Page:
So here’s my bra toile so far. I used the Pinup Girls Classic Bra pattern because it’s a basic, full coverage bra. It also helps that Beverly uses this pattern in the Craftsy class. The frame is muslin, the cups are a mystery knit material from my stash that has very little stretch and the back band is powernet. It looks a mess here (I’m a D or DD; my form is a B cup and I didn’t pad her out), but the fit was so close to perfect that I almost wept.



The cups need some fine tuning but the band and the underwires fit perfectly.

Once I get my cups to fit properly, I’ll start working on the actual bra. I forgot to take pictures of my fabric and findings, but they’ll be in a future post.


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New Obsession – Alabama Chanin

During my break, I wondered how I could get back into sewing without getting burned out again in the future. Then it hit me: I don’t need to sew more, but I need to care more about the things I sew.

Now I’m by no means a speedy seamstress. I love doing detailed work. Let’s face it, a regular buttonhole functions just as well as a bound buttonhole;.it just doesn’t look as elegant as I’d like.  I don’t plan to give those things up, but right now I need clothes that are comfortable, aesthetically pleasing and, most of all, practical. I love pretty much everything I’ve made, but I still don’t have many pieces that I can just put on without having to consider the overall look. Sometimes I just want to grab a shirt and jeans and get out the door, but I don’t have that type of wardrobe.

Enter Natalie Chanin.

I was vaguely familiar with her clothing line, but I never stopped to REALLY look at it. I was in the local bookshop when I picked up Alabama Studio Sewing + Design and started flipping through the pages. I have no idea what happened, but suddenly I was obsessed. I Googled her and found a wealth of information about the company. Her business philosophy and business model are absolute genius and she’s a strong (and early) proponent of sustainable fashion.  Some of her pieces sell for thousands of dollars, but each one can take weeks to complete because every.single.stitch is made by hand and, more importantly, the artisans are paid a fair wage. Each piece is a work of art so when you put it into perspective, they’re worth every penny. I also love that you have to slow down to create each piece. I’ve been practicing on scrap fabric and not only is it very relaxing, I feel more invested in my garment. I’ve never done applique or embroidery before, but so far, I’m happy with the results.

Stitch Book


Alabama Chanin book

Pictures courtesy of Alabama Chanin’s website, alabamachanin.com


Which brings me to fast fashion. I noticed in my Facebook sewing groups that there’s a lot of pressure to keep churning out garments at hyperspeed. I couldn’t put my finger on what exactly was bothering me about it until I realized that it replicated the whole industry of quick, disposable clothes that I’ve been trying to avoid. There’s nothing wrong with following trends, but I’m at the point where I want my clothes to be quality pieces that will a) last; and b) be wearable for many seasons. On Artisan Square, they do a yearly SWAP (Sew With A Plan). Going forward, I’m going to create a plan and use it as a guide to create the backbone of my wardrobe. I need to think about it a lot more, but I so far I know I’ll need a tailored blazer, a couple of skirts and a classic white shirt. Outside the SWAP clothes, I’ll need some casual items for the weekends. like this corset top and this skirt.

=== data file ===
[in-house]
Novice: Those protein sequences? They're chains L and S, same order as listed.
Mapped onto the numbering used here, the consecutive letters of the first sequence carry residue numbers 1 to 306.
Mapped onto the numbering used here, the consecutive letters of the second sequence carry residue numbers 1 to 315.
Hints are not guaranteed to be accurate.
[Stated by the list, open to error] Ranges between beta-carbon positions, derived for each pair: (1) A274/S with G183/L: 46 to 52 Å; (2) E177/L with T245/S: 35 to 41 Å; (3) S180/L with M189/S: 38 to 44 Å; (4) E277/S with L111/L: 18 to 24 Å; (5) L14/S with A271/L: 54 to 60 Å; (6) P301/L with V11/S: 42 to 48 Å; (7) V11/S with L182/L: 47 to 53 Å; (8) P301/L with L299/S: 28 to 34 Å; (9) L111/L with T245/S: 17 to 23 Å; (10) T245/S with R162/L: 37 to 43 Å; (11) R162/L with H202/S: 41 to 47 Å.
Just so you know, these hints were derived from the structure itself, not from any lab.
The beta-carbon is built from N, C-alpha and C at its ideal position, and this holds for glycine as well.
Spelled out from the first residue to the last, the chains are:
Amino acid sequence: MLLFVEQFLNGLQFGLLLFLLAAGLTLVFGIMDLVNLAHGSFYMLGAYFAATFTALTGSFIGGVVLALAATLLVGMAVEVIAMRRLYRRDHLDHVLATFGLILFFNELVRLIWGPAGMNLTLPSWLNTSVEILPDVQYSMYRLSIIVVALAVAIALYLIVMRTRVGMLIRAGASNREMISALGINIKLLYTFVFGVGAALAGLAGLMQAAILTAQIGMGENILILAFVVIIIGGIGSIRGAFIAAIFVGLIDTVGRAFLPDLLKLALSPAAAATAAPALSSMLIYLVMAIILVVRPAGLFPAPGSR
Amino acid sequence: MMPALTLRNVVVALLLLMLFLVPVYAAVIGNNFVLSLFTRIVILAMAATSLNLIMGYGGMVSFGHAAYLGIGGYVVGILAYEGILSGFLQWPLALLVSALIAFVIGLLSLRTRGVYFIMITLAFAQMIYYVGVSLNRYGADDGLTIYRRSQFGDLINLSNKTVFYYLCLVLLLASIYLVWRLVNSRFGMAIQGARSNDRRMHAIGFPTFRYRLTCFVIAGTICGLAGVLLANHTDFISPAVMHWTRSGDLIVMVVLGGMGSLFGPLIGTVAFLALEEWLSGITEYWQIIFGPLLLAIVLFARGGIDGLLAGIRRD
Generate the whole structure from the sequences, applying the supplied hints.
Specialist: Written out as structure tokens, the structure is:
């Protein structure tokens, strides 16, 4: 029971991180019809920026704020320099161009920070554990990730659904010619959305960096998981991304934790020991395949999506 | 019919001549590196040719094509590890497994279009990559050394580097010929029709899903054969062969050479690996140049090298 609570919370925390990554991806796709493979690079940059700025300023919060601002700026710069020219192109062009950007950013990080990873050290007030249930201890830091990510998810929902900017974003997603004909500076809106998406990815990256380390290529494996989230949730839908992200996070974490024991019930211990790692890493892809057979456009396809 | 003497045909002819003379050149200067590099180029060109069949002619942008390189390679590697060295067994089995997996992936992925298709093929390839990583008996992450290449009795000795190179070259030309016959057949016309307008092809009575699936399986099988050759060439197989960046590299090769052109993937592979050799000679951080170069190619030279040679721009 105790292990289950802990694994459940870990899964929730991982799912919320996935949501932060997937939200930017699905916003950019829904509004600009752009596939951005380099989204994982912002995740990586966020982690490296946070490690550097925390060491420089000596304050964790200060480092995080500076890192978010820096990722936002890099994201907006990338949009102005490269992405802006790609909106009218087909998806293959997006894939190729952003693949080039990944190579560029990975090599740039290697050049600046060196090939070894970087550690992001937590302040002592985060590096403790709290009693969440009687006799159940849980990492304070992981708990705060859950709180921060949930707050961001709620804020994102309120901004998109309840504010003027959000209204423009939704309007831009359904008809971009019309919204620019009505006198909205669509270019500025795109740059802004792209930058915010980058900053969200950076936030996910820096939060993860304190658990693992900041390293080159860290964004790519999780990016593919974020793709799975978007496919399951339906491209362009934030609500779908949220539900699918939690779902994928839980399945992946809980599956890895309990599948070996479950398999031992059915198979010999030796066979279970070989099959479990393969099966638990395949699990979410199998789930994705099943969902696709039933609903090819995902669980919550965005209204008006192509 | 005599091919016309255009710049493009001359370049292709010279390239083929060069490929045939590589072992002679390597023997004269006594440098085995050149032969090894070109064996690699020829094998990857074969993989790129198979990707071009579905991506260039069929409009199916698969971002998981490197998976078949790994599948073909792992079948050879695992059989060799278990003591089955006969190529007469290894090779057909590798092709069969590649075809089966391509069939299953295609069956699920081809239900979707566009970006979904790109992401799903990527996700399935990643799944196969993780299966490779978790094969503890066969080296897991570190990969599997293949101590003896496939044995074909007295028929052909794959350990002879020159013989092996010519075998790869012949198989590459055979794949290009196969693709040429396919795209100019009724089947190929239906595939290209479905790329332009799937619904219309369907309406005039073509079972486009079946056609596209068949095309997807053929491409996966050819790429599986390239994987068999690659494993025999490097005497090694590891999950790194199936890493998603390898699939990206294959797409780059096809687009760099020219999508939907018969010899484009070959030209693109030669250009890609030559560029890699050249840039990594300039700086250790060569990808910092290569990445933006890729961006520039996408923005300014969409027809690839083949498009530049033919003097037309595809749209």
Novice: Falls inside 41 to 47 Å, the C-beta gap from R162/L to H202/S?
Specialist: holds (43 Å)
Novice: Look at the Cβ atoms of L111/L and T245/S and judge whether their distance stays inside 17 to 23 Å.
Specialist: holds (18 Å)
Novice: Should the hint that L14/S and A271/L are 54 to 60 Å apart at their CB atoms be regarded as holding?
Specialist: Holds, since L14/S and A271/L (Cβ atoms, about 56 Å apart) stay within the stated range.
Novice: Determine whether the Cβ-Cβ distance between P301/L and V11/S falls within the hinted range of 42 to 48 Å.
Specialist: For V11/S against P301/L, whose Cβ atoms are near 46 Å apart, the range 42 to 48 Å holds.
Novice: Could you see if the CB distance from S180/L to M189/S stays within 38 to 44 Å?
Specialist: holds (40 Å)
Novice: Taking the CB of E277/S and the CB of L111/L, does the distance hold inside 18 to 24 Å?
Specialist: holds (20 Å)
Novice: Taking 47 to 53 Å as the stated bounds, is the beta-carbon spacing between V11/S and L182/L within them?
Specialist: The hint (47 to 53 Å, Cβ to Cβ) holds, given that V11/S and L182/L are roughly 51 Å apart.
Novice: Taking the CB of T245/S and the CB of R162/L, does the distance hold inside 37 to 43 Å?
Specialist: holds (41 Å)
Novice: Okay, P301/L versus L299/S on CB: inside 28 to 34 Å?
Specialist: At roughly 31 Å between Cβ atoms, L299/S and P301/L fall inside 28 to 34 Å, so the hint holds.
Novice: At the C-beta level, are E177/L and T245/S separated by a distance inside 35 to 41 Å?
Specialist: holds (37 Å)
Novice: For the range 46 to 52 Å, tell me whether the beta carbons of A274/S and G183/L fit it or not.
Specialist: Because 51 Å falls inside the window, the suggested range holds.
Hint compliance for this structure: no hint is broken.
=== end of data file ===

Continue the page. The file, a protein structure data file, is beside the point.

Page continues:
I purchased the Alabama Stitch Book which contains patterns and all the techniques. (Btw, can I tell you how much I love that she’s so generous with her information? Stencil templates are FREE on her website.) And I bought her Craftsy class (even though I’m not sure about that jacket. I think it might look better in another colorway).

I also picked up some t-shirts at the local thrift shop and found felt at my favorite fabric store: PS Textiles. They don’t have a website but they’re at 359 Broadway and their phone number is (212) 226-1534.

Over the next few posts, I’ll be sharing pics of my process (and of course all my new tools and supplies).


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Done! (And What’s Next)

Here are the final pics of my bralette.


More of the cups

Cup Closeup

The back

Inside Cups Closure


Closeup of the back. There’s a tiny gap between the sides, but I can live with it.

Back closure closeup